While all craft breweries are rebels (at least when it comes to making beer), few have embraced the rebel status quite like Rogue Ales. True to its creed to change the beer industry’s status quo, the Oregon-based brewery cranks out over two dozen different varieties of beer a year, each with its own, unique character, wacky name and artistic label. A far cry from the “variations on a theme” philosophy that you’ll find at most breweries these days. As you might expect from a brewery out on the fringes of “normalcy,” Rogue has one of the more interesting origin stories out there.
In the late ‘80s, University of Oregon frat brothers Jack Joyce and Bob Woodell together with mutual friend Rob Strasser were approached by Woodell’s accountant, Jeff Schultz, about the idea of starting a brewery. The group agreed and in the summer of 1988 began construction on a brewpub along the scenic Lithia Creek in Ashland, Oregon. It opened that fall and featured a 60-seat pub with a 10 barrel brew system in the basement that produced the Amber and Gold brews that are still made today.
As beautiful as it was, the Ashland location wasn’t exactly easy to get to and it quickly became clear it was going to struggle to make it. A few months after opening, the group dispatched Joyce to scour the Oregon country-side to find a new location.
In February of 1989, Joyce was in Newport, Oregon by the Historic Bay Front when a freak snow storm hit. Try as he might, Joyce’s truck was unable to make it up the hill out of town, so he walked the streets looking for some place to seek shelter from the storm. Local restaurateur Mohave Niemi saw him wandering down the sidewalk and took him into her popular local restaurant, Mo’s Clam Chowder. Over a hot bowl of soup, Joyce told Niemi about his quest for a new brewpub location and Niemi was intrigued. She had always wanted to live above a bar and she just so happened to own and live above a 1,100 square-foot empty store front with 800 square-foot garage. Mo agreed to lease Joyce the space at a friendly price if he met two unique stipulations: for as long as they were profitable, Rogue would have to “feed the fisherman” (her way of saying, “give back to the community”); and they would have to keep a picture of her naked in a bathtub hung over the bar at all times. Joyce agreed and in May of 1989, the second brewpub, and now home of Rogue Ales was opened.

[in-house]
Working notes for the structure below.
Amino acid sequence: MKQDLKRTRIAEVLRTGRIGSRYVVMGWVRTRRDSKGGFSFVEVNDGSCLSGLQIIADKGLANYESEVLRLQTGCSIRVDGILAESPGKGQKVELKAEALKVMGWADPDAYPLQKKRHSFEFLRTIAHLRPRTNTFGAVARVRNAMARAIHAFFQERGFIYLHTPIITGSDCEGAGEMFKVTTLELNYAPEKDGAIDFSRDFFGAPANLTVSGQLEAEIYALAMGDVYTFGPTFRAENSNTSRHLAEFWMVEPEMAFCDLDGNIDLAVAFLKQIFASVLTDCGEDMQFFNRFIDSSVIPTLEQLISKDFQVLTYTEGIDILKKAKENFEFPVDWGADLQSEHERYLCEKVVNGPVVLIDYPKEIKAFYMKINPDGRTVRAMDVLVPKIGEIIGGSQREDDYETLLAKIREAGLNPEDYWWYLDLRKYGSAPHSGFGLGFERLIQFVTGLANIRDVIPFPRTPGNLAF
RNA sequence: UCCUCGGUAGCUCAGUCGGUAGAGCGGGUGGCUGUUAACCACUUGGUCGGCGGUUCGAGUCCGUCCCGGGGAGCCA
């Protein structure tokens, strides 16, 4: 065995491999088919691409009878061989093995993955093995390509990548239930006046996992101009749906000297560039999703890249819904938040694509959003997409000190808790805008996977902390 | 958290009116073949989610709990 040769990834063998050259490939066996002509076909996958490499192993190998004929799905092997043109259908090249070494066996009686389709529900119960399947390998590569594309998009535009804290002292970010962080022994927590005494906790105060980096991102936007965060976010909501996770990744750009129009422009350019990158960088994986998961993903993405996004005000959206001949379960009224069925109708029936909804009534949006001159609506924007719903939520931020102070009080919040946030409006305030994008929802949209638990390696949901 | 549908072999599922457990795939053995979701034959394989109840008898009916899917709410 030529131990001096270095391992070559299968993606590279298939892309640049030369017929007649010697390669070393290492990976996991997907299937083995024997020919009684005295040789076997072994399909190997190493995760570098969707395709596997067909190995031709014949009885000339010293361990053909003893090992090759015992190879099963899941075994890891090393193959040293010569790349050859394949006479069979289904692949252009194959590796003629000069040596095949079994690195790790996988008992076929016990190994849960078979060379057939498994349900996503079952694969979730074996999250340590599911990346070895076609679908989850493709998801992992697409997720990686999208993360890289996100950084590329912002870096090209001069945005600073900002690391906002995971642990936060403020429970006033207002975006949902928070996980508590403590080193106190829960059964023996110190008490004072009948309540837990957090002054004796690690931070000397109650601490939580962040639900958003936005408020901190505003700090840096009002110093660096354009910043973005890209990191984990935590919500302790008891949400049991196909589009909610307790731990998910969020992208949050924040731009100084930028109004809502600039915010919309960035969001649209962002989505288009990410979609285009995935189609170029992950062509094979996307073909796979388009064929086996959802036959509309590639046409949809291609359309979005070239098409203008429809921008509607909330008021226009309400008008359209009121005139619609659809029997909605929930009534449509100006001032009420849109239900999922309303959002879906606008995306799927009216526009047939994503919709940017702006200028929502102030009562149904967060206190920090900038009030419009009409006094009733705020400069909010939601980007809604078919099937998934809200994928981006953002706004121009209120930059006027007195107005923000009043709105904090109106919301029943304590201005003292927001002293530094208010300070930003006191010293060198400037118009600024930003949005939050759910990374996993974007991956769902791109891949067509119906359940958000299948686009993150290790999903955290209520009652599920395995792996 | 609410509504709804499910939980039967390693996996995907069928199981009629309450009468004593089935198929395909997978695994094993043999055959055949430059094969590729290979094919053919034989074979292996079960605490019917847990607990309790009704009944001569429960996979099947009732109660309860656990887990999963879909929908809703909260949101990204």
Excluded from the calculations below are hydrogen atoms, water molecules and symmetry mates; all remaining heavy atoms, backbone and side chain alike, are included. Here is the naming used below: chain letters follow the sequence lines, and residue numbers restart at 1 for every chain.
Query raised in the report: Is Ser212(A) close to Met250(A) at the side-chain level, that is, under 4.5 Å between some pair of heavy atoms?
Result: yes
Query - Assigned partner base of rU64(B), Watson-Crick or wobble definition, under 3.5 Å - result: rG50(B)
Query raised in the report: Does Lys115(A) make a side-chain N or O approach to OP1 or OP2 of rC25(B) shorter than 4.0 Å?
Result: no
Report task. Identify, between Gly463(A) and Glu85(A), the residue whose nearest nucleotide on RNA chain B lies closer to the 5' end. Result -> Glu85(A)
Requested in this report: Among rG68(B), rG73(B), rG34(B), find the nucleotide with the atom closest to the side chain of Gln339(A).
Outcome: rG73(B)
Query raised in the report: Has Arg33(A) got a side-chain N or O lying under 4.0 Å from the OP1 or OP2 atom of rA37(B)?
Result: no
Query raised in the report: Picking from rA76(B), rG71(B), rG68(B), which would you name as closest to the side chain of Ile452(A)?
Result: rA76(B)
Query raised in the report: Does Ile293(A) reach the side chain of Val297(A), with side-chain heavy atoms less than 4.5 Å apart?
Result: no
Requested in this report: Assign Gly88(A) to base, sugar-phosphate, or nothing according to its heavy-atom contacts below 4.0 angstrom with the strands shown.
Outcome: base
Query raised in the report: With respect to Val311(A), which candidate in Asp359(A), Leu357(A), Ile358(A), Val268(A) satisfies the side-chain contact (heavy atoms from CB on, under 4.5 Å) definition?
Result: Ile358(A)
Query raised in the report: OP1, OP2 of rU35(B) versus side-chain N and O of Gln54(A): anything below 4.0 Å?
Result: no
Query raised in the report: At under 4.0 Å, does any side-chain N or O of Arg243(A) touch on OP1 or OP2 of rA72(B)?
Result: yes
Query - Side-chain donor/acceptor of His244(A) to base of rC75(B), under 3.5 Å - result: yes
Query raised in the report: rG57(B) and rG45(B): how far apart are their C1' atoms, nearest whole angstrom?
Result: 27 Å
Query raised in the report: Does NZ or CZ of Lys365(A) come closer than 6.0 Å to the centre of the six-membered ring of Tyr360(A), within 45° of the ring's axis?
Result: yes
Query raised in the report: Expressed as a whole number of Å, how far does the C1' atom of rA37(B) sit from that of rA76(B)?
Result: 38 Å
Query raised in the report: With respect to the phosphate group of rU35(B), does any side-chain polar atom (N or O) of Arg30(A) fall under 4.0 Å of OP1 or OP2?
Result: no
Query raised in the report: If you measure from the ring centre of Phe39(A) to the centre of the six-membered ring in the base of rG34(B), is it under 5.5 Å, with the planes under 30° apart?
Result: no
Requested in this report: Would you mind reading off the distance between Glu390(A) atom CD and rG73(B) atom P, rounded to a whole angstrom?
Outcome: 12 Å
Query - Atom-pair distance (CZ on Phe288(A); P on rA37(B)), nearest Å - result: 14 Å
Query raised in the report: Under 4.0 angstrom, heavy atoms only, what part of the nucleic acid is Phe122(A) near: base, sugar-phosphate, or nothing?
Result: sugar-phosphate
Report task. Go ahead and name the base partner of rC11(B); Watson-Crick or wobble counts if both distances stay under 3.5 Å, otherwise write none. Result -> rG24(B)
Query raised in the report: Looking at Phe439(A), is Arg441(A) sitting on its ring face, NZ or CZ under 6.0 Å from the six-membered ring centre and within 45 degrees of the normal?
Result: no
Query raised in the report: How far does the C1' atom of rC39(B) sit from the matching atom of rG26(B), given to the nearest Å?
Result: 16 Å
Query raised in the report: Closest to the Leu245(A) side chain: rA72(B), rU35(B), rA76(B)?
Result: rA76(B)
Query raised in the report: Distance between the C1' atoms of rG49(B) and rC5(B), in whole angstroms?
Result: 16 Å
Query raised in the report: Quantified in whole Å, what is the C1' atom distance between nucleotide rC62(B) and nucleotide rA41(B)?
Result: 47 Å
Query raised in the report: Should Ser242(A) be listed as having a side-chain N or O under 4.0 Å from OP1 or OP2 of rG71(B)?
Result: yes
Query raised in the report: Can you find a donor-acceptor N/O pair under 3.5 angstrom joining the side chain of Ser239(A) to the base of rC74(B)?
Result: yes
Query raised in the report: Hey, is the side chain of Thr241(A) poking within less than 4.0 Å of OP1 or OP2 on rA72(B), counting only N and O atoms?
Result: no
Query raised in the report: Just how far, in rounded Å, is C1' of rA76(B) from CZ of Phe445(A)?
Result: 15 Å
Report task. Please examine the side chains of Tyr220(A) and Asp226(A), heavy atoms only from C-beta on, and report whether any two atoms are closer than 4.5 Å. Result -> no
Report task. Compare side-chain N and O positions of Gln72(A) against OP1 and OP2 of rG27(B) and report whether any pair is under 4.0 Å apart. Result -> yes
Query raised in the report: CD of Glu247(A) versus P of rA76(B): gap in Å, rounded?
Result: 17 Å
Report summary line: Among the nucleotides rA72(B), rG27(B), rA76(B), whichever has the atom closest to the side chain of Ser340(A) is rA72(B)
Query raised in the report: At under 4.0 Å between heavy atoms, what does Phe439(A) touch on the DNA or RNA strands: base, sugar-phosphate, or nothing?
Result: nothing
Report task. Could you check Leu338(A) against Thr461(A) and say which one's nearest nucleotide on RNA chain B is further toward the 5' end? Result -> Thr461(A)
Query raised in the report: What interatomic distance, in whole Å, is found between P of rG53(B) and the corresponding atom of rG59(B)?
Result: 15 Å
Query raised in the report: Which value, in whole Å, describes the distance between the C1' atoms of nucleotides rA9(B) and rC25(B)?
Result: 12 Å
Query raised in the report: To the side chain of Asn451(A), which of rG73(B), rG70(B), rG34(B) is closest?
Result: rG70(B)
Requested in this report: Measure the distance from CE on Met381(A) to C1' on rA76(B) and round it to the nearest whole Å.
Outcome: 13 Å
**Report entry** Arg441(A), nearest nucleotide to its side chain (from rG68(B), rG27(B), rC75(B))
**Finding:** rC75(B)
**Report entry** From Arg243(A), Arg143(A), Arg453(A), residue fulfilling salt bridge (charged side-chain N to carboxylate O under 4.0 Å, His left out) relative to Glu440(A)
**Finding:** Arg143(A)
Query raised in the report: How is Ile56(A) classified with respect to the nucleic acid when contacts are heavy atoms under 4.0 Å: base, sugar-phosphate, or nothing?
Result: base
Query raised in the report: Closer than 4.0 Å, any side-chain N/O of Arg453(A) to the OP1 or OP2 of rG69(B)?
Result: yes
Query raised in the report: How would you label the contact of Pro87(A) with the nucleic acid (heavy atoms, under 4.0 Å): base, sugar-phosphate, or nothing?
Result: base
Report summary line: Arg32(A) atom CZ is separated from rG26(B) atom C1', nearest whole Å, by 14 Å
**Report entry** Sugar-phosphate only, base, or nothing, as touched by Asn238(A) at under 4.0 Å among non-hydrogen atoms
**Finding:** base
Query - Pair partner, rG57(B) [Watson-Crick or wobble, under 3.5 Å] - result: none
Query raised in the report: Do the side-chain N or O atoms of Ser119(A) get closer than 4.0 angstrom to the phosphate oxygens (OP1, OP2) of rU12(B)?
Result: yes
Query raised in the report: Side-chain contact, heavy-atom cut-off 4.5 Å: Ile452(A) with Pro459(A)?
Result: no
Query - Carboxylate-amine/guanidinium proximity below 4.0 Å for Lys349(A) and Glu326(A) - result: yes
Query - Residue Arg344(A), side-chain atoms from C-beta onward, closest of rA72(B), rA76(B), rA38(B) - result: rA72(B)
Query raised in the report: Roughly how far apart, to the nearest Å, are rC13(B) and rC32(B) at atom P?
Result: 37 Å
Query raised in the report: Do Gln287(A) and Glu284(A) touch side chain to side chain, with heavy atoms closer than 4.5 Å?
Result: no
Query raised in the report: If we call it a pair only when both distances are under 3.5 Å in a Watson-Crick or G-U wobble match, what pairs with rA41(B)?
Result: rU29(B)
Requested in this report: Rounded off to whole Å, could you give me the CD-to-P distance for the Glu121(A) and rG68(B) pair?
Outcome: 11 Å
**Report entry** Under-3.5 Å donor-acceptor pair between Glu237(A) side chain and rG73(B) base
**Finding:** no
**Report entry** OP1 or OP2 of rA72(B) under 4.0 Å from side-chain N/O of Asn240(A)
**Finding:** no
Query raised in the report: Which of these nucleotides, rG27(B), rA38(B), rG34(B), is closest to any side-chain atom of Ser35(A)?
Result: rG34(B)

Nearly 25 years later, Rogue continues to give back to the community of Newport and the photo of Niemi, who passed away in 1992, still hangs over the bar. As for the beer, you can find over 30 of their beers throughout the state of Ohio and Kentucky. To see their full offerings, check out our Ohio and Kentucky portfolios.
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